Study says fruit juice no link to kids' weight

June 3, 2008 1:45:47 PM PDT
Juice study conters perceptions parents, nutritionists, and many doctors have

For years, there's been a common belief that fruit juice contributes to kids becoming overweight.

But now a new study crunches the numbers. It found kids who drank 4-ounces of 100-percent fruit juice per day... Didn't gain weight.

Researchers from Louisiana State University and Baylor College of Medicine say juice-drinkers do take in more calories, but they eat less fat and get more nutrients than kids who don't drink juice.

Dr. James Rippe, cardiologist, and editor-in-chief for American Journal of Lifestyle Medicine, says of the study, "The findings that the consumption of 100% fruit juice by children and adolescents is not associated with overweight is very important since 100% fruit juices are nutrient dense and their consumption represents an excellent way to help children meet the dietary guidelines for Americans. The article clears up misconceptions that many healthcare professionals and parents have about this issue."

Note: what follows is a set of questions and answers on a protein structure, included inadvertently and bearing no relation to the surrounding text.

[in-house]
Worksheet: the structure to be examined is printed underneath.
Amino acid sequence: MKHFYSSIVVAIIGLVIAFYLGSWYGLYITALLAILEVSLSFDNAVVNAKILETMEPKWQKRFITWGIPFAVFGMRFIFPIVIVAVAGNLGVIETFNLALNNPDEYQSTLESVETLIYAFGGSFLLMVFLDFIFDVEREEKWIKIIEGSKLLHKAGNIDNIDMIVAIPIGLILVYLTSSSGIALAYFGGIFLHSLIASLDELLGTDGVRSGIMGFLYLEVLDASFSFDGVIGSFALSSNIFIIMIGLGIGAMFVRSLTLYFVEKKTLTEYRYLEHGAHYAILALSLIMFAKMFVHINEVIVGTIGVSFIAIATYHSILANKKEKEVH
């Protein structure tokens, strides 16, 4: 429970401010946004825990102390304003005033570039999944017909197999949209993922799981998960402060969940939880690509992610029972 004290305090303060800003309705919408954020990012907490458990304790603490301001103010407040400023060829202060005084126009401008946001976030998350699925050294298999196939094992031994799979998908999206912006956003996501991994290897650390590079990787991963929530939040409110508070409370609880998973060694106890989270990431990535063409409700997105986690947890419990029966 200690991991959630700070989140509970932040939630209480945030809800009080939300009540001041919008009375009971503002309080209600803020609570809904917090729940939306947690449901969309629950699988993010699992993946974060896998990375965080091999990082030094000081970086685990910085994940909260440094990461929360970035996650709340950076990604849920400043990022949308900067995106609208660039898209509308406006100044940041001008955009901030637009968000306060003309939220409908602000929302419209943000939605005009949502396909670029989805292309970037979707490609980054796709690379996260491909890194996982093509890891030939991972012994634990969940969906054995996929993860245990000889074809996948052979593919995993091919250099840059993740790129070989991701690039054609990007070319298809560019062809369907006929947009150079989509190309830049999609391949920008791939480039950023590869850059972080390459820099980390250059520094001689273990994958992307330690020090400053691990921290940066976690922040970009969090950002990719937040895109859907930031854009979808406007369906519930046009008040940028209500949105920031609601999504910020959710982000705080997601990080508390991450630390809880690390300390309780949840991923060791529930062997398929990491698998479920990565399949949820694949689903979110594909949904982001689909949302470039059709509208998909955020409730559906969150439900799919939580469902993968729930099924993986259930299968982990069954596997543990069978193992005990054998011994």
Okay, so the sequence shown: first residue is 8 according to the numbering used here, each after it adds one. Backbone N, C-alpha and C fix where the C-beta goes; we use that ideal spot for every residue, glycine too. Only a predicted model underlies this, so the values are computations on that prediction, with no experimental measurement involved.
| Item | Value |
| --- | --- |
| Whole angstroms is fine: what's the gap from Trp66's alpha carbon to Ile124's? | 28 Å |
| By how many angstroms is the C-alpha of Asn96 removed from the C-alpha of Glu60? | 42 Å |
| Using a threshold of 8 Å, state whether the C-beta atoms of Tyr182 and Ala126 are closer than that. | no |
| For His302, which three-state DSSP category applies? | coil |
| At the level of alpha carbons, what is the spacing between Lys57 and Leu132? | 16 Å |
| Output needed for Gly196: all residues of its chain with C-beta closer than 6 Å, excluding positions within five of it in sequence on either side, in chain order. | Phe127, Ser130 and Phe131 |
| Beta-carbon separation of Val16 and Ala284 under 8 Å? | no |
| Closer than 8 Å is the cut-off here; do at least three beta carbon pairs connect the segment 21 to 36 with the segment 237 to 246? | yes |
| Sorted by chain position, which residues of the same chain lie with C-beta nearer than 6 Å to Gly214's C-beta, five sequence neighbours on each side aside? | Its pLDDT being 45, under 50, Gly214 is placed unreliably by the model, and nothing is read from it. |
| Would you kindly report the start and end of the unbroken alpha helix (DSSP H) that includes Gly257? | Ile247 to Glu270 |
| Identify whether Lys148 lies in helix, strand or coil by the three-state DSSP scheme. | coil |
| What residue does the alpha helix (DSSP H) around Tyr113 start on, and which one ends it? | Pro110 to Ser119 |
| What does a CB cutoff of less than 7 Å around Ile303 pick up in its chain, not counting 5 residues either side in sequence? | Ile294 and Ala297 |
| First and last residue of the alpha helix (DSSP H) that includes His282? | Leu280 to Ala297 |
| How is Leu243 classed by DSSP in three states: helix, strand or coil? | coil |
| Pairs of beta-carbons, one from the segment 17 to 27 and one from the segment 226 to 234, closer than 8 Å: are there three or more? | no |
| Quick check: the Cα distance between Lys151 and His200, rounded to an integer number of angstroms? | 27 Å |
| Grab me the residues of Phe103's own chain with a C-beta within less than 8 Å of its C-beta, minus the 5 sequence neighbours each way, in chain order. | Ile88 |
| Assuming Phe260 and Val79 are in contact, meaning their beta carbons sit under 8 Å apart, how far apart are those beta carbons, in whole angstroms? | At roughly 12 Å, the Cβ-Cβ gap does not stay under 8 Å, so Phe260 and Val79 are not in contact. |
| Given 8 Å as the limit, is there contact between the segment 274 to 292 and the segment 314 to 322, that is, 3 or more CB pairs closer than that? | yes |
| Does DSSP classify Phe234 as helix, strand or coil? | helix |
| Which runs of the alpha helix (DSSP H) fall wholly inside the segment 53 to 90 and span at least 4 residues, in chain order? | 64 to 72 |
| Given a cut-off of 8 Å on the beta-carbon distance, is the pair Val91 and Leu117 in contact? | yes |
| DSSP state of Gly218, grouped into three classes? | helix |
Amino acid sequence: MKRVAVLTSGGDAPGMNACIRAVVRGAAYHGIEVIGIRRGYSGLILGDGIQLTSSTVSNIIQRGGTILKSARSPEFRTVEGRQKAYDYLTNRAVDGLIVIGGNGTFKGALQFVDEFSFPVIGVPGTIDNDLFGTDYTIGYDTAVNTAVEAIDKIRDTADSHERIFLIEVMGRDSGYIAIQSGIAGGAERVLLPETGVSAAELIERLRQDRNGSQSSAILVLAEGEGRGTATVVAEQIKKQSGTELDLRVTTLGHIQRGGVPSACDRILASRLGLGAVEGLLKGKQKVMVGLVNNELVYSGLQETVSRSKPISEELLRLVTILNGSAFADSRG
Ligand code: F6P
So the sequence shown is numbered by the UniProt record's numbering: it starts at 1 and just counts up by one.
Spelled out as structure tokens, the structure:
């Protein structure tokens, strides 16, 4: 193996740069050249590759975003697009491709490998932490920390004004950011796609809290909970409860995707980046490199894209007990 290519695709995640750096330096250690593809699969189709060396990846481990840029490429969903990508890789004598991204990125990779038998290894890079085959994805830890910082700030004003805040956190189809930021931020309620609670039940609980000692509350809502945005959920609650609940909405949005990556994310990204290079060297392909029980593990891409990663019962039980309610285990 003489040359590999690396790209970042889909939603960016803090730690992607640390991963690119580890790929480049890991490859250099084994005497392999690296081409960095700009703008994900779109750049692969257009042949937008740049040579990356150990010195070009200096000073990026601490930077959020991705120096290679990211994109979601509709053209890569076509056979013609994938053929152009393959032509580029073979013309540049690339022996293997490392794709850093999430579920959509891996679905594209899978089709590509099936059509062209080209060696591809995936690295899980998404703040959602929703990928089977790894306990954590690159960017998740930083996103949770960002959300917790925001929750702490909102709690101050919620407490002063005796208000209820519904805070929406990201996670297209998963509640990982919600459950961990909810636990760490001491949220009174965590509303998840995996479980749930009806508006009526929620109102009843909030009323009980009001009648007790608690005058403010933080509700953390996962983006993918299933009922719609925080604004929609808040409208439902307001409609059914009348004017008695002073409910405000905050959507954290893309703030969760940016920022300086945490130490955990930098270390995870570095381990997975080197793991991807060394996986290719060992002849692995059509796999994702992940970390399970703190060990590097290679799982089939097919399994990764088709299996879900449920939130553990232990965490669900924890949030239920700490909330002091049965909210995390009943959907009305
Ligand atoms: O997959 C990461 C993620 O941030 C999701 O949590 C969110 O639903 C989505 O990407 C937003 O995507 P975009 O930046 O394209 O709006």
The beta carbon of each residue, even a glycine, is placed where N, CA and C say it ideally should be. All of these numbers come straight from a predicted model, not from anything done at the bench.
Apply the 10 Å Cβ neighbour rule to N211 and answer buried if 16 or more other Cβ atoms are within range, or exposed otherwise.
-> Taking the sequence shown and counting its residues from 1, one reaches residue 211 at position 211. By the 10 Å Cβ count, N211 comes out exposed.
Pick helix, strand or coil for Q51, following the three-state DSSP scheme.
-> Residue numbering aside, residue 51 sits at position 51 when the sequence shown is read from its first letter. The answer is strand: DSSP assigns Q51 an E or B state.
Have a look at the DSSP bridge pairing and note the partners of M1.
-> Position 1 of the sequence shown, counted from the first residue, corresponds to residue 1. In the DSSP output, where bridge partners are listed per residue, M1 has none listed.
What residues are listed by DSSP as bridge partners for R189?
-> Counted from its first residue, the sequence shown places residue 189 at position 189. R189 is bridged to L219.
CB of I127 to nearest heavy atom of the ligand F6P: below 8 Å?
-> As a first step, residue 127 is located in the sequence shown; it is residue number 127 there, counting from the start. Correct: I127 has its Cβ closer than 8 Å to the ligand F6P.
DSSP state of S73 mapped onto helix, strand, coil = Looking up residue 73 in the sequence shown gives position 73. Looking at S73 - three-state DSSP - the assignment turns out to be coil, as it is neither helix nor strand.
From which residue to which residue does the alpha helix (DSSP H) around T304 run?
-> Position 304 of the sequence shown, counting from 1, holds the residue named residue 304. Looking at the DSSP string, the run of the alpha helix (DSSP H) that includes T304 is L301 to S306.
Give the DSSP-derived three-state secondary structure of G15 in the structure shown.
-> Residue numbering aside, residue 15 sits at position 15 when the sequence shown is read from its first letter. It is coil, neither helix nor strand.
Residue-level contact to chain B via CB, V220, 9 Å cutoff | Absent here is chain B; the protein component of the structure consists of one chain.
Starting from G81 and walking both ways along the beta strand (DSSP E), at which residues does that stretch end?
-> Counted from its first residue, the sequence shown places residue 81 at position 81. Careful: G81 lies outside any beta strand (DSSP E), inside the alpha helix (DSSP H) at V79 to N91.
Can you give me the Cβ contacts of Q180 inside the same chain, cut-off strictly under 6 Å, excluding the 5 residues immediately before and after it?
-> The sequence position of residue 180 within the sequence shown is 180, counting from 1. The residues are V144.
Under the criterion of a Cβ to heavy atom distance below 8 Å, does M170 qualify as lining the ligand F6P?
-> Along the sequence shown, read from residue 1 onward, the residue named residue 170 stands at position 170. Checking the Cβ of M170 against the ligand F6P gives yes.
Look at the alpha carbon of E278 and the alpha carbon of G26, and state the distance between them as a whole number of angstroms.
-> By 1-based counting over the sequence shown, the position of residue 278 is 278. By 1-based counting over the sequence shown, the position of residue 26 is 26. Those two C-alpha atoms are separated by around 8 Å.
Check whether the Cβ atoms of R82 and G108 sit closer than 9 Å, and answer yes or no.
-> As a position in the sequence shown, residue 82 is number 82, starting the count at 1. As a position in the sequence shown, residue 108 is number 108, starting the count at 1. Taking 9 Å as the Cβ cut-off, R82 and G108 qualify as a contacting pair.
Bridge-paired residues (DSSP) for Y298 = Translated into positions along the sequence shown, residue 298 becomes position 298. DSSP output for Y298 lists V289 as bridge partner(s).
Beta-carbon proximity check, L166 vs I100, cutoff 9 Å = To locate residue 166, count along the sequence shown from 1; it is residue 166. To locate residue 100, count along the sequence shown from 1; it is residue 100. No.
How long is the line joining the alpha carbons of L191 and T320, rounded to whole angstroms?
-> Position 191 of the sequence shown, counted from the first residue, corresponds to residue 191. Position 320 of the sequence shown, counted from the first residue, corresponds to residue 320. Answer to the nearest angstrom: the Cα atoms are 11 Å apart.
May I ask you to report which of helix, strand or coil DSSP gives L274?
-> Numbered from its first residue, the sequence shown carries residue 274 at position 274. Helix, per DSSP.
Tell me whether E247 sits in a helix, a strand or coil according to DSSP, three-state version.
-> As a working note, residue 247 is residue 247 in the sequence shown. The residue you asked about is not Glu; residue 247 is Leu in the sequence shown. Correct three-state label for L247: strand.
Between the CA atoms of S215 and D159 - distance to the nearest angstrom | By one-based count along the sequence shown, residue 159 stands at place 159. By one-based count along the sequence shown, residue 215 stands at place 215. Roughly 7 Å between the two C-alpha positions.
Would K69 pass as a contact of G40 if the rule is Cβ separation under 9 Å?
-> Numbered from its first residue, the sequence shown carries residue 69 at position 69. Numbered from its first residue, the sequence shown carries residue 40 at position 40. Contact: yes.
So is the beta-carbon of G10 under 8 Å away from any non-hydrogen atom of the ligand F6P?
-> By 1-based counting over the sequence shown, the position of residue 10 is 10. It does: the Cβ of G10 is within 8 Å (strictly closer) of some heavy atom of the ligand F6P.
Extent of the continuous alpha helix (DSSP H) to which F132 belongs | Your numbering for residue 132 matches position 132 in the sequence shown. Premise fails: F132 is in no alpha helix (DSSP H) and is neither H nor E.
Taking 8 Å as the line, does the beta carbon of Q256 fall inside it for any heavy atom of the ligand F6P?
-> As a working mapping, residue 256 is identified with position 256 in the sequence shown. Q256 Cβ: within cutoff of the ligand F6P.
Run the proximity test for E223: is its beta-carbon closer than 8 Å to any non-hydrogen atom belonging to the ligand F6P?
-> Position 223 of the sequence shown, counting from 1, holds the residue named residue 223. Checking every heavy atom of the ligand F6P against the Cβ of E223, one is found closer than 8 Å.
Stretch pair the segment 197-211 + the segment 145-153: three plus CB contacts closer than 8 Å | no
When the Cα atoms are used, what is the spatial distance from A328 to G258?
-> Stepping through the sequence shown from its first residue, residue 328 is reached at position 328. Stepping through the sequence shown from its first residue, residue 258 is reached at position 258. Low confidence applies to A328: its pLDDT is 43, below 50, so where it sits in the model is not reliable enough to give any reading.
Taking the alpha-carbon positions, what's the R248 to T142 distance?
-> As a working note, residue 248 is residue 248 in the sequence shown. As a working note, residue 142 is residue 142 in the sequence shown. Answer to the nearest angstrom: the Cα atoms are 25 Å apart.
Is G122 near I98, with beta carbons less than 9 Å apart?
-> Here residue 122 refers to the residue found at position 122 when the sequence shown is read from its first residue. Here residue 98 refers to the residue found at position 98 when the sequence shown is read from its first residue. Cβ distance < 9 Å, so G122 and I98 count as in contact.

The American Academy of Pediatrics recommends no more than 6-ounces of real fruit juice per day for kids under 6-years-old.


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